Television is the main source of news for many households around the world.
TV does what none of the other media can: it brings the sight and sounds of
some important news events by means of filmed, taped or live reports. Like
regular radio news bulletins, daily TV news programmes provide only brief
accounts of relatively new stories. But the visual aspect of TV news story
can often help viewers understand the story. In addition to daily news
reports, television covers special news events. Coverage of such an event may
replace many hours of regular TV shows. Television also broadcasts in-depth
programmes that help explain a story or  subject. Such programmes, which run
from half an hour to three hours, include docummentaries and interview
programmes. Most docummentaries are filmed or taped. They may perform such
subjects as crime, foreign policy, or race relations. Interview programmes,
which are usually broadcast live, may consist of a panel of journalists who
ask questions of a major figure in the news.
The importance of mass media and journalism has greatly increased in recent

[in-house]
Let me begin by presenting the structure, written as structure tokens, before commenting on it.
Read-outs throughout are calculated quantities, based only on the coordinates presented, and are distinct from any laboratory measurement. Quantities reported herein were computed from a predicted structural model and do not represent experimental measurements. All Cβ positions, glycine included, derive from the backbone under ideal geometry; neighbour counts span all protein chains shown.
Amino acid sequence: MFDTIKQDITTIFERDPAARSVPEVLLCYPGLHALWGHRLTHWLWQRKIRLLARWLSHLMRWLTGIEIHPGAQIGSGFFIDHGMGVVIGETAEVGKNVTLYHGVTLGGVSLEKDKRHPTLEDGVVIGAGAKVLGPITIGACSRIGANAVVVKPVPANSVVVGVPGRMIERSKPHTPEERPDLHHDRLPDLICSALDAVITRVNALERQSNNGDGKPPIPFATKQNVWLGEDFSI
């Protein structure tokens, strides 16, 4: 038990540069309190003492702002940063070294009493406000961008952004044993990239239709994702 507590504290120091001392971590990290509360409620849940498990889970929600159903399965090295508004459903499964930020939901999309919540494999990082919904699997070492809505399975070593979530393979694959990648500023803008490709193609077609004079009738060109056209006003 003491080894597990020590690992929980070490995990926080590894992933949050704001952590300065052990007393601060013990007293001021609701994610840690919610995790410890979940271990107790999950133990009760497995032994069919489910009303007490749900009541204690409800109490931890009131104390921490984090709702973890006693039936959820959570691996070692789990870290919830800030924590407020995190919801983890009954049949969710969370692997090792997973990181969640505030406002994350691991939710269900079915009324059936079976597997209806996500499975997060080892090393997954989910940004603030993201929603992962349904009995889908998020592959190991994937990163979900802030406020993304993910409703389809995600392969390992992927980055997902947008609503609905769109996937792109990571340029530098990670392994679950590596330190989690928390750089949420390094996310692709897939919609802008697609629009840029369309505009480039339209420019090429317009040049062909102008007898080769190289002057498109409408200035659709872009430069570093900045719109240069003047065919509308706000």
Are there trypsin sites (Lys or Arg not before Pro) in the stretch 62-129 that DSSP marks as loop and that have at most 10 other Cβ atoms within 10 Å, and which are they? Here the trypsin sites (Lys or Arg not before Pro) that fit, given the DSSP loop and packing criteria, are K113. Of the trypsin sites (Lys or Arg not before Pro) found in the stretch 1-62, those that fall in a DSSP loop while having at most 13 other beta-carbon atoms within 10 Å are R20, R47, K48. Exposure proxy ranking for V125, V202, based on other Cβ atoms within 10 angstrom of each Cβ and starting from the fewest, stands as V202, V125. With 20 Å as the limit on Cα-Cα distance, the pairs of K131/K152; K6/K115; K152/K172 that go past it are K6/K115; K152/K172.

years. In democratic countries, people depend on the news media for the fair
and truthful reporting of current events. Freedom of the press encourages the
exchange of ideas among citizens. In governmet-controlled countries, however,
the news media serve as an instrument of the state. The struggle against
censorship began in England in the 16th-17th cent. In the American colonies
it began in 1734. Only 20% of the world’s people live in countries that have
a free press. But in government-controlled countries journalists can still
broadcast or write only what national leaders allow.  Media forms public
opinion now. A lot of politicians strive to possess mass media. Media carries
great possibilities for society, but they are not only good ones. Nobody
should forget, that media- is the fourth power.